The spotted hyena is a misknown, misunderstood and unjustly maligned animal. Yet, it is a fasicinating animal with an original social structure. Personally, I find them more enjoyable to watch than lions. Hyenas are widespread in subsaharan Africa and are present in most parks of Southern and Eastern Africa.
There are three other rarer species of hyaenidae: the striped hyena a lone scavenger found in Eastern Africa up to India, the brown hyena with a similar biology which is found in the Kalahari and the aardwolf an insect-eater. These species are all smaller than the spotted hyena, are less powerful and their perdatory instincts are less developped.
THE SPOTTED HYENA
Often despised by tourists and the general public who see it only as a cowardly and ugly scavenger, the spotted hyena is nevertheless one of the most intelligent animals of the African savannah, with a complex social structure that allows it to rank second in the hierarchy of African land predators, just behind the lion. It has the most powerful jaws of any land carnivoreS, enabling it to crush the largest bones. It is also incredibly bold and brave, not hesitating to confront lions, leopards and packs of wild dogs in its quest for food. The spotted hyena is the largest, most powerful and most predatory of all the hyenids, which also include the brown hyena, which is found in the arid environments of southern Africa, and the striped hyena, which ranges from East Africa through North Africa to India, and which are both primarily scavengers. The spotted hyena is widespread mainly in sub-Saharan Africa from Senegal to South Africa, bypassing the Congo basin where it is absent. It is also almost absent from the Sahara, which is the domain of the striped hyena, and from the Namib desert where the brown hyena reigns. Rare in West Africa, it is relatively common in the conservation areas of eastern and southern Africa.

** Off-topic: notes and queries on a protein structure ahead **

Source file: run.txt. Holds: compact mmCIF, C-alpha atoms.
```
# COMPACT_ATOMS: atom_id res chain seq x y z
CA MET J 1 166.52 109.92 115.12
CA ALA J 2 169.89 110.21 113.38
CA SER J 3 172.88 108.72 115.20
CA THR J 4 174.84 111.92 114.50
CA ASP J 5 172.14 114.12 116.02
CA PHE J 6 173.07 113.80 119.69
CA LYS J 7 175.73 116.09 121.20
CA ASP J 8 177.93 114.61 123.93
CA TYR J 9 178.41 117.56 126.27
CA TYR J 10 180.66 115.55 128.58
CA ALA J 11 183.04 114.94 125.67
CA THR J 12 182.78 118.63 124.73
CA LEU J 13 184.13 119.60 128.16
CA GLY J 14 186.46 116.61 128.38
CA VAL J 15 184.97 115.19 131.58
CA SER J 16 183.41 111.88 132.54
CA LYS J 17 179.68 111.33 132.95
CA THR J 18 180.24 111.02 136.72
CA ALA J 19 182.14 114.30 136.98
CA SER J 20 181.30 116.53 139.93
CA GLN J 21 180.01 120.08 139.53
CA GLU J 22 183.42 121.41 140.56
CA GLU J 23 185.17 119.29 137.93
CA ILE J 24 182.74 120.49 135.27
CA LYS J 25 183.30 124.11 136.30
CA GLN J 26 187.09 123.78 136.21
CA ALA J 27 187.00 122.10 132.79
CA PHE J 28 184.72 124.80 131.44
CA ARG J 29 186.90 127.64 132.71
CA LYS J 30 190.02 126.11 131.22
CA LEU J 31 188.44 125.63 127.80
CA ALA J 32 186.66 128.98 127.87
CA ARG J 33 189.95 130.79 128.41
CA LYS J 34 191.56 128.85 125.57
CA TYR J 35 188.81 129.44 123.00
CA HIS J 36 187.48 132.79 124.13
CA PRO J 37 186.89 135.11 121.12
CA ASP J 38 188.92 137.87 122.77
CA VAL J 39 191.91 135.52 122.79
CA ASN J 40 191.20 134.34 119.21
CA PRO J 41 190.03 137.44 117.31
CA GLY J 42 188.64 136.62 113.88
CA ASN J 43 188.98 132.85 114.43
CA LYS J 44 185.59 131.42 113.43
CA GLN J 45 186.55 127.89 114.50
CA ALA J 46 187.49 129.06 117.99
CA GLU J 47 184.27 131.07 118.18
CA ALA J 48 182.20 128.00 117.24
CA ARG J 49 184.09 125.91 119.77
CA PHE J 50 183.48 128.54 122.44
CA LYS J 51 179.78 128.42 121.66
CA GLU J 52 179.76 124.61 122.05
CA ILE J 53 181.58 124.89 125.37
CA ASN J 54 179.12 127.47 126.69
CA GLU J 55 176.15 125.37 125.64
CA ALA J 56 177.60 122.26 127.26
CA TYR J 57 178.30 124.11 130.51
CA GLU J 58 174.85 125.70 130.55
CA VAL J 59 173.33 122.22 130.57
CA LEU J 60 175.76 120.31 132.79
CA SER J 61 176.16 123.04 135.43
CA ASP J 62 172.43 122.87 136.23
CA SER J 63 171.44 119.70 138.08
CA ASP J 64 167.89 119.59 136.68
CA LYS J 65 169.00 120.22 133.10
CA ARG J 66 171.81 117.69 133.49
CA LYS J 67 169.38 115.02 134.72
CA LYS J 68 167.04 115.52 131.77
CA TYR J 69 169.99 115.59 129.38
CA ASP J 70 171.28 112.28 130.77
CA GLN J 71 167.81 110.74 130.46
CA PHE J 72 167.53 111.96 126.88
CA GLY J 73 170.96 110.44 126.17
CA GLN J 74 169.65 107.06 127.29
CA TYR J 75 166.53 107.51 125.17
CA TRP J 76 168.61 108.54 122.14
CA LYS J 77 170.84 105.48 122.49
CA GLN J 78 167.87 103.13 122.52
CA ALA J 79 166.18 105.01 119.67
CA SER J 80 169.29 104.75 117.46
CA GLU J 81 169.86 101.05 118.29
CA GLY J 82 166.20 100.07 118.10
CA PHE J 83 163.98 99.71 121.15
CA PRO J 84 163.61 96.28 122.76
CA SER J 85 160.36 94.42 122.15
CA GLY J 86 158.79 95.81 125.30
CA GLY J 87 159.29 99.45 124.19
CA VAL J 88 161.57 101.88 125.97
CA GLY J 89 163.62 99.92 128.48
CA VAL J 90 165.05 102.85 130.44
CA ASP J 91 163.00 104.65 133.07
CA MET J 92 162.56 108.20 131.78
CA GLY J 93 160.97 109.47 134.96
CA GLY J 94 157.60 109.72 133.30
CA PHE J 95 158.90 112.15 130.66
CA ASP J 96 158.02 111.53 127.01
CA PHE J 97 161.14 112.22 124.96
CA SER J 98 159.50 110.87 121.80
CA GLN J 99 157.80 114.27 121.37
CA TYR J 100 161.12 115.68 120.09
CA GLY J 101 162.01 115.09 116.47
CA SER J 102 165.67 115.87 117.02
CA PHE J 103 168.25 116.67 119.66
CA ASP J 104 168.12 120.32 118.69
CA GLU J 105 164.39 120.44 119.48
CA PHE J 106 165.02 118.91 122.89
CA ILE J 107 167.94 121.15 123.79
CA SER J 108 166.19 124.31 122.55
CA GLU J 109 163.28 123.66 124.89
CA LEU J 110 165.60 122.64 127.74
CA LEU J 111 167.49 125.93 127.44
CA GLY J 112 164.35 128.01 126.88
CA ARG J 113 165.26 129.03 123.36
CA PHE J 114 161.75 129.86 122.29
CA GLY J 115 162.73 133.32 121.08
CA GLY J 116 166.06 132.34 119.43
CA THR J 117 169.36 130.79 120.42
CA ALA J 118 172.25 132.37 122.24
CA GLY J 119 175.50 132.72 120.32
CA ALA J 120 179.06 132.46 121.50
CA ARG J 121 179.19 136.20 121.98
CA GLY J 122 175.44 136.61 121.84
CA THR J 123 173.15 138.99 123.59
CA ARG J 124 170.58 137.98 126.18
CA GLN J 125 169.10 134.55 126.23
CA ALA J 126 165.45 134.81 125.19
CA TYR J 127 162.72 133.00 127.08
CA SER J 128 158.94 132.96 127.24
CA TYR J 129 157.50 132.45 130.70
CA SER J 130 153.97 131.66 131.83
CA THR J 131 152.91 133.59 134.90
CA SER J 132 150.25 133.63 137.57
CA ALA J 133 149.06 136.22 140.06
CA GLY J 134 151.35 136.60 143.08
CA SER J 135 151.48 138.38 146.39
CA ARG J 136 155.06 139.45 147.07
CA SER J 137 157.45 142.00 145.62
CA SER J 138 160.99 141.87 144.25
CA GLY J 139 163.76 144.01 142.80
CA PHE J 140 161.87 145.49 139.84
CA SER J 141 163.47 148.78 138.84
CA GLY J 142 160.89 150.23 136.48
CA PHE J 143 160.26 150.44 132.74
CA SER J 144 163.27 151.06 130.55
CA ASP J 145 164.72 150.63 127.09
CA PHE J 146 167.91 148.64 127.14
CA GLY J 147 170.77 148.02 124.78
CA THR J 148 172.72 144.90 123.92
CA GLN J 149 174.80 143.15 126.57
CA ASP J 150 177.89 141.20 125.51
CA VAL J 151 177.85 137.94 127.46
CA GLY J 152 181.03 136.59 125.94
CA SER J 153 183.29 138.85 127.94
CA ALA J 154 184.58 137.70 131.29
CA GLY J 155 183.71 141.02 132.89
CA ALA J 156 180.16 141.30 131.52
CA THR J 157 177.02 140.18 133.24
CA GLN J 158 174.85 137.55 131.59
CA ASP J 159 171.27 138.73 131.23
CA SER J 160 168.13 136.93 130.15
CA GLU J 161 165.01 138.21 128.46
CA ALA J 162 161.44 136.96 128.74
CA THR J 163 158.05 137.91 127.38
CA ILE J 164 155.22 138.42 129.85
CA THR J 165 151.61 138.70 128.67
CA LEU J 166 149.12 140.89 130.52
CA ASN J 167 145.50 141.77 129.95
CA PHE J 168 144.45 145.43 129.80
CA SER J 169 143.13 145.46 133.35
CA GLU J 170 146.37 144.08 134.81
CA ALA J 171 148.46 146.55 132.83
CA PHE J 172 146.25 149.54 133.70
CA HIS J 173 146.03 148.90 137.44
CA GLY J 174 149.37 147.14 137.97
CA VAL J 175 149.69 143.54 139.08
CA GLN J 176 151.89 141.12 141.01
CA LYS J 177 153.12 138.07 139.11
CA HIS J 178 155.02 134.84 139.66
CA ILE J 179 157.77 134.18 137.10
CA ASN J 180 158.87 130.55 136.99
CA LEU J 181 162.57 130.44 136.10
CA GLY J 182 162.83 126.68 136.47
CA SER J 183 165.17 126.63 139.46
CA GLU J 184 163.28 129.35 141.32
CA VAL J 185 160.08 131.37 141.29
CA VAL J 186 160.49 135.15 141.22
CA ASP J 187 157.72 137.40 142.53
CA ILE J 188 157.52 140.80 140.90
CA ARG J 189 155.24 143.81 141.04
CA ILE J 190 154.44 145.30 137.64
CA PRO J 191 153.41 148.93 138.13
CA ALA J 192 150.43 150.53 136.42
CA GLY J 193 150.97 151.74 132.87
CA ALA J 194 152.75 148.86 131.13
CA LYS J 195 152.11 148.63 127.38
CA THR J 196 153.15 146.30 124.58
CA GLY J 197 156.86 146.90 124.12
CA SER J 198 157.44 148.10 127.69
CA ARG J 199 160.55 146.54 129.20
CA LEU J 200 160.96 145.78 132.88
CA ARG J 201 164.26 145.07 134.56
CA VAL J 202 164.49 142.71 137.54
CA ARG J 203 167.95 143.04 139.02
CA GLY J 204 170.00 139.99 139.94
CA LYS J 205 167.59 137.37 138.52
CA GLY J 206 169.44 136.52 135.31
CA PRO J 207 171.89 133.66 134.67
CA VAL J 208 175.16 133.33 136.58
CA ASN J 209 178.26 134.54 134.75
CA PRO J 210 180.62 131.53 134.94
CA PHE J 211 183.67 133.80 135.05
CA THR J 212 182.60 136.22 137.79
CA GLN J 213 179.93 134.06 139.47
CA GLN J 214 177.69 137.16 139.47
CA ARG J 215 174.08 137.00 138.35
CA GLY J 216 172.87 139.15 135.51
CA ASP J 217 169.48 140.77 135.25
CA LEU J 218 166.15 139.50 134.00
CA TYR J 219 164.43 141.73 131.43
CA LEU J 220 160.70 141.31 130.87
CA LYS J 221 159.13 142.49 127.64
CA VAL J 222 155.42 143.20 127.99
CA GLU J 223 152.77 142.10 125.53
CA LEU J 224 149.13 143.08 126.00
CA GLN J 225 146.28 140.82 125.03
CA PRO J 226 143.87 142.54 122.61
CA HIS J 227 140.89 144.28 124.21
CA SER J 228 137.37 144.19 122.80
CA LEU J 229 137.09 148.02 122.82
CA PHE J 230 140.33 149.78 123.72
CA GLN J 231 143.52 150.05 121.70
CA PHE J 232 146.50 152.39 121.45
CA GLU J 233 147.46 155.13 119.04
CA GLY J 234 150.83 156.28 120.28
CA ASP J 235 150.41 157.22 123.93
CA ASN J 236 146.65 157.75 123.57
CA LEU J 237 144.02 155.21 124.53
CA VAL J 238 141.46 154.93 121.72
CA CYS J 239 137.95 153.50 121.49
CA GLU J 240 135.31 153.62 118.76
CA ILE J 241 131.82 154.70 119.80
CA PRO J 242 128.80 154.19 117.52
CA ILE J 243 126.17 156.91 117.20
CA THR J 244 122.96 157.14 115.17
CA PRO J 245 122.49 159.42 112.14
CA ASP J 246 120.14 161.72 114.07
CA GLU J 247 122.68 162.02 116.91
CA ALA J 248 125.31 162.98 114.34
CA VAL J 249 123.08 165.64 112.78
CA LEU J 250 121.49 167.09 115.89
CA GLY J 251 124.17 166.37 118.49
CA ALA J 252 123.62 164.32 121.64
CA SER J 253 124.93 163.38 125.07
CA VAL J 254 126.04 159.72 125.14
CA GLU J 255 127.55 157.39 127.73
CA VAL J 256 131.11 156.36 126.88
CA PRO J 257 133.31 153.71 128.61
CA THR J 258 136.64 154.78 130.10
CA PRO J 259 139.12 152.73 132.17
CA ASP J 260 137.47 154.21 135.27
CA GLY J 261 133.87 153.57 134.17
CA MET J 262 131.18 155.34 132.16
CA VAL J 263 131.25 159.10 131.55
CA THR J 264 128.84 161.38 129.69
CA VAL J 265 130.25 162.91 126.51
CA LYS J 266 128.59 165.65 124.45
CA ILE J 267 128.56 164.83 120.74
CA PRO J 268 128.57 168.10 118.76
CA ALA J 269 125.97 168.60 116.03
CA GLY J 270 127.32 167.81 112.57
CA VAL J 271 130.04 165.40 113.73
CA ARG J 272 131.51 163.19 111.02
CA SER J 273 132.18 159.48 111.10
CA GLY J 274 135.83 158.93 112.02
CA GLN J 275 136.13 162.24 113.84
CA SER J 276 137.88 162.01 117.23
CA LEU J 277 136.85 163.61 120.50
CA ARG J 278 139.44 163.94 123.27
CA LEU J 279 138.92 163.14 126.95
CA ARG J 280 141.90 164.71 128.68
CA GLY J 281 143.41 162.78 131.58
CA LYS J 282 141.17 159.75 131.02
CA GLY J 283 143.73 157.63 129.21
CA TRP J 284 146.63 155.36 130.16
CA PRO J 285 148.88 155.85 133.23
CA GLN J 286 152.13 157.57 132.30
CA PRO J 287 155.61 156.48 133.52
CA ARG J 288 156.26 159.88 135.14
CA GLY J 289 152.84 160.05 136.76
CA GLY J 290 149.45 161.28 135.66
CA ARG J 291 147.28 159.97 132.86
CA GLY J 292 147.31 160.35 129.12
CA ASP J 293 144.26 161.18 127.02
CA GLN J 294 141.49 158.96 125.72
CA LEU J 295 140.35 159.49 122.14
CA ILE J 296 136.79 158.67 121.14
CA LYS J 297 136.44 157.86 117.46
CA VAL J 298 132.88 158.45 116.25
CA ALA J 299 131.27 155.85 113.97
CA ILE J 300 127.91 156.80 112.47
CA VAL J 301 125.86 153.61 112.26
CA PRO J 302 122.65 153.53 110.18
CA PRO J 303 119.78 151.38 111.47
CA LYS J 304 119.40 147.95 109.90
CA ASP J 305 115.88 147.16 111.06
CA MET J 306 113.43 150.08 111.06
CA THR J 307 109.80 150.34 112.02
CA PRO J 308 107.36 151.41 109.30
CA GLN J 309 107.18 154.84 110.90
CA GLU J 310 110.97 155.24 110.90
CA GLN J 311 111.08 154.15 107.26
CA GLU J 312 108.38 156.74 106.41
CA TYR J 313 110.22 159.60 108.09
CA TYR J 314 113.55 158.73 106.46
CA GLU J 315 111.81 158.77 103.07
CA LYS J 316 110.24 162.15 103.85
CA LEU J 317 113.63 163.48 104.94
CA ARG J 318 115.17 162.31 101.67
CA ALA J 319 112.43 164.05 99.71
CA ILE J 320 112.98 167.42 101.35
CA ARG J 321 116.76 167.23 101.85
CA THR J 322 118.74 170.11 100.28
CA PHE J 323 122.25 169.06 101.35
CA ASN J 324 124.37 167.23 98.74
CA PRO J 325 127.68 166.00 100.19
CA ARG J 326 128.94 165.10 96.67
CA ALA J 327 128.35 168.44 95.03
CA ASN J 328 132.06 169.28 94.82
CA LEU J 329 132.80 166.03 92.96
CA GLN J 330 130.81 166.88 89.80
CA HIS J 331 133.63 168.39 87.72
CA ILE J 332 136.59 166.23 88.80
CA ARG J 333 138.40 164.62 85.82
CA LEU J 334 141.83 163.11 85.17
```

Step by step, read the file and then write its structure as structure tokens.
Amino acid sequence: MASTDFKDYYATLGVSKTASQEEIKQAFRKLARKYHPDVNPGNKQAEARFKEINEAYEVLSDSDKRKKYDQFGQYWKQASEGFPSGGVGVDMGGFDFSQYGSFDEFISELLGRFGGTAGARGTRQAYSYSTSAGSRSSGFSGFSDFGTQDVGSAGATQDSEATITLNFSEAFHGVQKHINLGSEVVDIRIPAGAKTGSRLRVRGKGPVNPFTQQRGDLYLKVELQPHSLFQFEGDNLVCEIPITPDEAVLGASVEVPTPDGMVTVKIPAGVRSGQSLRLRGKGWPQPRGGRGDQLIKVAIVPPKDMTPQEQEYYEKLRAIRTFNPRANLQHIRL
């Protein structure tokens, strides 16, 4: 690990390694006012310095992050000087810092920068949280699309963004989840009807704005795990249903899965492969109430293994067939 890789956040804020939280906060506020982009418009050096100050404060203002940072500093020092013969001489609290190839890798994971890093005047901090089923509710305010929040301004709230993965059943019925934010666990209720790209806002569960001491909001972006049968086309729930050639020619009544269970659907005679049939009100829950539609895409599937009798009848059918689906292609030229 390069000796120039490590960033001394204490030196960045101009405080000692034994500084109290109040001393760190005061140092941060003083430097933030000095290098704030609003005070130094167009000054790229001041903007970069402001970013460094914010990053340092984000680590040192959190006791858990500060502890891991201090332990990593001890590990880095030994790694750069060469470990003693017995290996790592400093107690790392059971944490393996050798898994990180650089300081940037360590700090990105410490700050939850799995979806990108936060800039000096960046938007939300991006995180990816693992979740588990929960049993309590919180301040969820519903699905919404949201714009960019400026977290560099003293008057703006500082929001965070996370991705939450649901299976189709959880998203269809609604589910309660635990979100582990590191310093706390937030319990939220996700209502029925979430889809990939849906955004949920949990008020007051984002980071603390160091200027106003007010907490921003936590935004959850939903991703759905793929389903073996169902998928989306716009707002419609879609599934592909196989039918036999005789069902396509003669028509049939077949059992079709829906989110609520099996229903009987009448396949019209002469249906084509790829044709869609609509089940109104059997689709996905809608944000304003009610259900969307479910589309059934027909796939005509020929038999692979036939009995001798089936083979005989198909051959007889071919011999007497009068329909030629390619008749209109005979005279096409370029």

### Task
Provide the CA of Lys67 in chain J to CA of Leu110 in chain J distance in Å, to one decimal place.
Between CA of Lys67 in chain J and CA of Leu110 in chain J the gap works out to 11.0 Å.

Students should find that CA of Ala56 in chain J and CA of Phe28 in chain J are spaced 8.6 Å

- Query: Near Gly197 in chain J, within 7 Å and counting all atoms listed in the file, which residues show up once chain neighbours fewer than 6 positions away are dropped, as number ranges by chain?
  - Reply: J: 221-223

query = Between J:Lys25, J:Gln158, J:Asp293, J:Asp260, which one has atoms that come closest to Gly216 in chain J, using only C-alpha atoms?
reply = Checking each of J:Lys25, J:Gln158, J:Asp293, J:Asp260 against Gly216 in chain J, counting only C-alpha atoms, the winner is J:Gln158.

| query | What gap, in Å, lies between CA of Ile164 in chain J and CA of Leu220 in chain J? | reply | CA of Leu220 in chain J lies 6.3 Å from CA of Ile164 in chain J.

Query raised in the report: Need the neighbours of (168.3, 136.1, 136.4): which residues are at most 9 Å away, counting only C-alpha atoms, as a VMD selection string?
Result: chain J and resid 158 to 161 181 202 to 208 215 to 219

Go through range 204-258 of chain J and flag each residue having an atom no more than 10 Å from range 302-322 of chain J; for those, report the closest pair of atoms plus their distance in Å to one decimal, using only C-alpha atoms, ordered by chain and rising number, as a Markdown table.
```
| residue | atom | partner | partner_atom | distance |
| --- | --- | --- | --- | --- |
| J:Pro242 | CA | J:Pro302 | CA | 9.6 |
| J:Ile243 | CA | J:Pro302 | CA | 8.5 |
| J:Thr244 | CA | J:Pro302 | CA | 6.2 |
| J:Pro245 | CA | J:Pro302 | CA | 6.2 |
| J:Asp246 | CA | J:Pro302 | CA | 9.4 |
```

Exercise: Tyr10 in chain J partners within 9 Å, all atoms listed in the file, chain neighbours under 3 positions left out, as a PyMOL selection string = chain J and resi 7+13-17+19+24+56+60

Spotted hyena (Harar, Ethiopia)
Length: 95-165 cm
Shoulder height: 75-85 cm
Weight: Femelle= 55-90kg ; Mâle=54-79 kg
Habitat: Very adaptable, the spotted hyena is able to colonise all ecosystems from semi-deserts such as the Kalahari or the Sahel to wooded savannahs and mountainous areas (Bale massif in Ethiopia and Aberdares in Kenya). It can also be found on the outskirts of large cities such as Addis Ababa or Harar in Ethiopia. It avoids dense rainforests like that of the Congo Basin and true deserts such as the Sahara. It is found in all savannah ecosystems such as the short grass savannahs or woodland savannahs. It is also found in some forest ecosystems such as dry forest, miombo and gallery forests.